Rivington, Lancashire Genealogy
Rivington was created a chapel of ease by the year 1530 from, and lying within the boundaries of Bolton le Moors St Peter, Lancashire Ancient Parish.
Rivington Church is an active Church of England parish church in Rivington, Lancashire, England. The Church has been designated as a Grade II Listed building. The Church has no patron saint and is not named after a saint or martyr. It has been variously called St. Lawrence, St. George, Holy Trinity, and St. Catherine, but its correct title is Rivington Church.
The earliest reference to a church on this site is in a deed of 1280 mentioning three acres of "terra ecclesiastical" in Rivington. A Saxon font, found in the locality, is housed in the Millennium Room at the church. When repairs were carried out to the flooring, the foundations of an earlier building were discovered, possibly Saxon in origin.
The present church was founded by royal patent of Queen Elizabeth I in 1566 at the petition of James Pilkington, the first protestant Bishop of Durham, who was born in the village. The patent was granted for the church and a school at Rivington. Richard Pilkington, father of the bishop, appealed to Doctor Bird, the Bishop of Chester, to dedicate the chapel and chapelyard and it was consecrated by him in October 1541. At the consecration, the inhabitants of the village stated on oath they had used this site for generations. The church is primarily as built in 1666 with alterations and restoration in the late 19th century. The present north wall is the original wall of the building.
There are early graves under the wooden floor of the church, including that of Richard Pilkyngton. The earliest gravestone is marked 1616. The earliest memorial in the church is dated 1627.
Rivington was created a parish out of the ancient ecclesiastical parish of Bolton le Moors in 1856, and at their own cost, and by a privilege which only eleven churches in the country possessed, the parishioners were able to select their own minister.
The Diocese of Blackburn is a Church of England diocese, covering much of Lancashire, created in 1926 from part of the Diocese of Manchester. The Diocese includes the towns of Blackburn, Blackpool, Burnley, and the cities of Lancaster, and Preston, as well as a large part of the Ribble Valley.
"RIVINGTON, or Rovington, a district chapelry, in the parish of Bolton, union of Chorley, hundred of Salford, S. division of the county of Lancaster, 8 miles northwest from Bolton. The chapelry comprises the townships of Rivington, Anglezarke, and part of Sharples. The chapel is a plain structure, supposed, from a monumental inscription, to have been erected about the year 1530, or a little later.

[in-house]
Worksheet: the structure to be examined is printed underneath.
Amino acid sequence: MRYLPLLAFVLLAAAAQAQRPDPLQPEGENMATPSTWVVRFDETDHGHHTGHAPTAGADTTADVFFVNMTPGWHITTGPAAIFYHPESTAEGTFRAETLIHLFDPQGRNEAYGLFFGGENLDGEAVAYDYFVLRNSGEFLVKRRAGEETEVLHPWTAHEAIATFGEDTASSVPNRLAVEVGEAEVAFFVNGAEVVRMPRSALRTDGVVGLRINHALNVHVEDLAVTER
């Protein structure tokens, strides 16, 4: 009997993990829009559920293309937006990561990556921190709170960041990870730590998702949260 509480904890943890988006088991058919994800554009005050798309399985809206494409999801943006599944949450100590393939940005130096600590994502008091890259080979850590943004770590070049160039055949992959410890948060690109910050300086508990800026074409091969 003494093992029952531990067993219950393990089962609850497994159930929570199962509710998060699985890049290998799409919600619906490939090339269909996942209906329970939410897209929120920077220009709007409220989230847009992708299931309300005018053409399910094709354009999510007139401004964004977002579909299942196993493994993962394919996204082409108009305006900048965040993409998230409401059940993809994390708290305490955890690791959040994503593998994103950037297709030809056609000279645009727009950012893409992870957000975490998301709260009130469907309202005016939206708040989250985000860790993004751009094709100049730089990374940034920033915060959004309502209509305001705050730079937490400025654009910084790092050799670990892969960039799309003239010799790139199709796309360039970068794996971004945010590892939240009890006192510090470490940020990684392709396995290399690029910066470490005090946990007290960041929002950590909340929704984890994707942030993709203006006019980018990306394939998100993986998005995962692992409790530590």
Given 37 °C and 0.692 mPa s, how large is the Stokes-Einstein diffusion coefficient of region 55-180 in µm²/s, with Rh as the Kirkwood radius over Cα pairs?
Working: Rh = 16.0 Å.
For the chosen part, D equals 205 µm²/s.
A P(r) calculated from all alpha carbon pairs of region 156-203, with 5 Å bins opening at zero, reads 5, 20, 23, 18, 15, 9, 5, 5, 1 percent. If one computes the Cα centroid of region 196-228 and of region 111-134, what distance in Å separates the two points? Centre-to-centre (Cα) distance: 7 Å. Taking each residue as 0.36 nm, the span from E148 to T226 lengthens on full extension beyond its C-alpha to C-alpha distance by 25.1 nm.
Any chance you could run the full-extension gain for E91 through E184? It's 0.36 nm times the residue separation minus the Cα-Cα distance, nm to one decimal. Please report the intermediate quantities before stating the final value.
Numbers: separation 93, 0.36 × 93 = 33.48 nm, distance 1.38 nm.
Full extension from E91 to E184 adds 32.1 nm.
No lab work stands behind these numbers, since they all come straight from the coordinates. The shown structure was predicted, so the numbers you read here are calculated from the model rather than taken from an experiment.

The Unitarians have a place of worship."
Birth, marriages and deaths were kept by the government, from July 1837 to the present day. The civil registration article tells more about these records. There are several Internet sites with name lists or indexes. A popular site is FreeBMD.
Online index of Lancashire Births, Marriages and Deaths Lancashire BMD
Lancashire Online Parish Clerks
An extremely useful resource for research in Lancashire Parishes http://www.lan-opc.org.uk/
Include here information for parish registers, Bishop’s Transcripts and other types of church records, such as parish chest records. Add the contact information for the office holding the original records. Add links to the Family History Library Catalog showing the film numbers in their collection
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any unique information, such as the census for X year was destroyed.
Index for the Census may be searched at FamilySearch Historical Records
http://www.1881pubs.com/ for details of public houses in the 1881 census
Poor Law Unions
Records of wills, administrations, inventories, indexes, etc. were filed by the court with jurisdiction over this parish. Go to Lancashire Probate Records to find the name of the court having primary jurisdiction. Scroll down in the article to the section Court Jurisdictions by Parish.
Maps and Gazetteers
Maps are a visual look at the locations in England. Gazetteers contain brief summaries about a place.
Add any relevant sites that aren’t mentioned above.
- A Topographical Dictionary of England by Samuel Lewis (1848), pp. 676-679. Adapted. Date accessed: 20 July 2010.